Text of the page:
DOI 10.1016/j.apmr.2017.07.019
Citations Scopus - 3Web of Science - 2
Co-authors Darren Rivett, Jodie Marquez, Peter Osmotherly, Suzanne Snodgrass
2018 Marquez J, Rajapaksha Mudiyanselage I, Chambers L, 'Hippotherapy in adults with acquired brain injury: A systematic review.', Physiotherapy theory and practice, 1-12 (2018)
DOI 10.1080/09593985.2018.1494233
Co-authors Jodie Marquez
2018 Hunter D, Rivett D, Rajapaksha Mudiyanselage I, McKiernan S, Snodgrass S, 'Is the inclinometer a valid measure of thoracic kyphosis? A cross-sectional study', Brazilian Journal of Physical Therapy, 22 310-317 (2018) [C1]
DOI 10.1016/j.bjpt.2018.02.005
Co-authors Sharmaine Mckiernan, Suzanne Snodgrass, Darren Rivett
2017 Rajapaksha Mudiyanselage I, Hiller C, 'Chronic musculoskeletal ankle disorders in Sri Lanka', BMC Musculoskeletal Disorders, 18 (2017)
DOI 10.1186/s12891-017-1580-7
Citations Scopus - 1
2016 RAJAPAKSHA MUDIYANSELAGE I, Tennakoon SUB, Suraweera HJ, 'Contrast Therapy and Heat Therapy in Subacute Stage of Grade I and II Lateral Ankle Sprains', Foot & Ankle Specialist, 9 307-323 (2016)
DOI 10.1177/1938640016640885
2016 Rajapaksha Mudiyanselage I, Banneheka BMHSK, Sivananthawerl T, Fahim ACM, 'Awareness among School Athletes about The Handling and Transferring Techniques of a Suspected Spinal Cord Injured Athlete', International Journal of Neurorehabilitation, 3 (2016)
DOI 10.4172/2376-0281.1000217
2015 Rajapaksha Mudiyanselage I, Tennakoon SUB, Suraweera HJ, 'Effect of a self - managed exercise protocol for subjects with ankle sprain', The Foot and Ankle Online Journal, 8 8-8 (2015)
DOI 10.3827/faoj.2015.0801.0008
2014 Rajapaksha Mudiyanselage I, Wadugodapitiya S, Liyanage E, Dissanayaka D, Liyanage I, Kodikara D, Banneheka S, 'Influence of English on academic performance of physiotherapy students', International Journal of Multidisciplinary Research and Development, 1 169-172 (2014)
2013 Rajapaksha Mudiyanselage I, Banneheka S, 'Awareness about Spinal Cord Injuries among School Athletes of Kandy Educational Zone, Sri Lanka', International Journal of Scientific and Research Publications, 3 (2013)
2013 Rajapaksha Mudiyanselage I, 'The Prevalence of Hamstring Tightness among the Male Athletes of University of Peradeniya in 2010, Sri Lanka', International Journal of Physical Medicine & Rehabilitation, 01 (2013)
DOI 10.4172/2329-9096.1000108
Borges do Nascimento IJ, Marusic A, Cacic N, Mohamed Abdulazeem H, Abdar Esfahani M, Jayarajah U, et al., 'Novel Coronavirus (2019-nCoV) Infection in Humans: A Scoping Review and Meta-Analysis', SSRN Electronic Journal,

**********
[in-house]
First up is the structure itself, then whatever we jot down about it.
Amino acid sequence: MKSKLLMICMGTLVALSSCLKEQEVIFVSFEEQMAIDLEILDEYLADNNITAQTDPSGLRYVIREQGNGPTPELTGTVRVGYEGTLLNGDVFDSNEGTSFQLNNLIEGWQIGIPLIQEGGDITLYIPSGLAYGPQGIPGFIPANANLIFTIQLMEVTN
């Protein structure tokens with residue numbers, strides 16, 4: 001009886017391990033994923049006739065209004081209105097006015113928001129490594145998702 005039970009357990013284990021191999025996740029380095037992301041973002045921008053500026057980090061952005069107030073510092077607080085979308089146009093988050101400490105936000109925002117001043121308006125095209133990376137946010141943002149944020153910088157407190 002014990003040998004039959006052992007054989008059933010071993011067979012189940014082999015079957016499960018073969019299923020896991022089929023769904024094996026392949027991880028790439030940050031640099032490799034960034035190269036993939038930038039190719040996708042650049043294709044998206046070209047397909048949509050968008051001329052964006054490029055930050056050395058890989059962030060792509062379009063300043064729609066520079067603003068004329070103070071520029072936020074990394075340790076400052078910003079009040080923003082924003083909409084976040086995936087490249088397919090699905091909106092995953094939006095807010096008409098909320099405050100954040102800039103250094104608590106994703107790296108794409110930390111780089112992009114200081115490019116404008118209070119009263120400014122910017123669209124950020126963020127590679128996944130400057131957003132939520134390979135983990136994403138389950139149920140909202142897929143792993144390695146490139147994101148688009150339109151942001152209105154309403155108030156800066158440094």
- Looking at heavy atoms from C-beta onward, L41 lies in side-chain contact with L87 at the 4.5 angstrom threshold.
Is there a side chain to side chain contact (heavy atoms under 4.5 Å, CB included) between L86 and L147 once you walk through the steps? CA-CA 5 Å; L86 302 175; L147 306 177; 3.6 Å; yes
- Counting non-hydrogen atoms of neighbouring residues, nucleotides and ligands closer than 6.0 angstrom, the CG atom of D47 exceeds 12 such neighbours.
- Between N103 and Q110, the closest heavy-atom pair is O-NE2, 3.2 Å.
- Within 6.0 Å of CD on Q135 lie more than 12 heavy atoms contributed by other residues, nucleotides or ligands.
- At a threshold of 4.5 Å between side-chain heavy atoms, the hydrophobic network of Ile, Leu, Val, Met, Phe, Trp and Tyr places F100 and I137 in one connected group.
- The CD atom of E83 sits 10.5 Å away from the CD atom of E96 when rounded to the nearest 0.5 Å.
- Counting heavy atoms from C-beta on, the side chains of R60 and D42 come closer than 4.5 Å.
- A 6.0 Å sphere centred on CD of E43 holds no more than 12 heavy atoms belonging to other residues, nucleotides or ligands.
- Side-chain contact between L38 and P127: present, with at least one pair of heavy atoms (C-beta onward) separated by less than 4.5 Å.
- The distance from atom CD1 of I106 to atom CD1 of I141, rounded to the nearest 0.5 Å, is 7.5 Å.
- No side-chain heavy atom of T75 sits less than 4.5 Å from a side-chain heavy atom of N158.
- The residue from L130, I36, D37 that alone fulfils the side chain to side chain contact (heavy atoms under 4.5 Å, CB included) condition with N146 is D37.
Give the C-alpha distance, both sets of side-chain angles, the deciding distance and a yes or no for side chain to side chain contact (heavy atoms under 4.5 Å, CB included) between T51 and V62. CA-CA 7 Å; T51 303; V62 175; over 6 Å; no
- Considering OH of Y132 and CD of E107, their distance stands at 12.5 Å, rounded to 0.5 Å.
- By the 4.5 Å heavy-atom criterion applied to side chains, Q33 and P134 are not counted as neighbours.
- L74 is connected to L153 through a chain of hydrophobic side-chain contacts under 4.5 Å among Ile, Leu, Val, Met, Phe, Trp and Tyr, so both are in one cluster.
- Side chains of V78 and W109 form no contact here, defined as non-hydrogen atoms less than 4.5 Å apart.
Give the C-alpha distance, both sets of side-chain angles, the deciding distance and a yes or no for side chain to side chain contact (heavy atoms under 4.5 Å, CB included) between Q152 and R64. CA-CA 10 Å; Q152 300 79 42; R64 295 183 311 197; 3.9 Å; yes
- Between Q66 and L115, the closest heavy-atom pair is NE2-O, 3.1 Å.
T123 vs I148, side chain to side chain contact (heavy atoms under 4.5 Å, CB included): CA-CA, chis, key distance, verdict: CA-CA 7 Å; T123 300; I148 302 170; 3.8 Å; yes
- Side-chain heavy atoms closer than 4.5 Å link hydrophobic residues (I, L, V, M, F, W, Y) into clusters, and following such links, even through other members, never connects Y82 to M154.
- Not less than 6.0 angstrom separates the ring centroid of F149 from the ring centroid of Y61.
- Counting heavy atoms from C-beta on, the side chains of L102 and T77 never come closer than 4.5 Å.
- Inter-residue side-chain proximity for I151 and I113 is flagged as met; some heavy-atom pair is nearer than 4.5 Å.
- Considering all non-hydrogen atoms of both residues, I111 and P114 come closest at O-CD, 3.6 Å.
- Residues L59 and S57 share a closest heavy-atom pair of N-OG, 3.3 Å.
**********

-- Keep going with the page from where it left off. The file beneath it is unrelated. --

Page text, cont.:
DOI 10.2139/ssrn.3550028
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Conference (7 outputs)

Year Citation Altmetrics Link
2019 Weerasekara I, Osmotherly P, Snodgrass S, Tessier J, Rivett D, 'Fibular position in chronic ankle instability radiographically measured in weight-bearing', Fibular position in chronic ankle instability radiographically measured in weight-bearing, Amsterdam, The Netherlands (2019)
Co-authors Suzanne Snodgrass, Peter Osmotherly, Darren Rivett
2019 Rajapaksha Mudiyanselage IM, Osmotherly P, Snodgrass S, Tessier J, Rivett D, 'Fibular position in chronic ankle instability (CAI) and the reliability of weight bearing radiographic measurements of fibular position.', (ACCEPTED), Geneva, Switzerland (2019)
Co-authors Suzanne Snodgrass, Peter Osmotherly, Darren Rivett
2018 Hunter D, Snodgrass SNJ, weerasekara I, Rivett DA, McKiernan ST, 'Thoracic Kyphosis: The Modified Cobb Angle and Inclinometer Measurement.', Canberra (2018)
Co-authors Suzanne Snodgrass, Sharmaine Mckiernan, Darren Rivett
2017 Rajapaksha Mudiyanselage I, Marsden D, English C, Kramer S, Callister R, Bernhardt J, et al., 'Building a Compendium of Energy Expenditure Rates during Physical Activities in People After Stroke: Protocol for a Systematic Review and Meta-analysis.', International Journal of Stroke 12(3_suppl):51-2, Queenstown, New Zealand (2017)
DOI 10.1177/1747493017720548
Co-authors Neil Spratt, Coralie English, Robin Callister
2017 Rajapaksha Mudiyanselage I, Hiller C, 'O3 Chronic musculoskeletal ankle disorders in Sri Lanka', BRITISH JOURNAL OF SPORTS MEDICINE 51(Suppl 1) A1-A2, Chapel Hill, North Carolina, US (2017)
2017 Rajapaksha Mudiyanselage I, Osmotherly PG, Snodgrass S, Marquez J, de Zoete R, Rivett DA, 'A systematic review and meta analysis of the clinical benefits of passive joint mobilisation on ankle sprains.', Momentum 2017. Proceedings of Australian Physiotherapy Association Biennial Conference, Sydney (2017)
Co-authors Darren Rivett, Peter Osmotherly, Suzanne Snodgrass, Jodie Marquez
2016 Weerasekara I, Osmotherly P, Snodgrass S, de Zoete R, Rivett D, 'Clinical Benefits of Passive Joint Mobilisation on Ankle Sprains', Melbourne (2016)
Co-authors Darren Rivett, Peter Osmotherly, Suzanne Snodgrass
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Mrs Ishanka Madhurangani Rajapaksha Mudiyanselage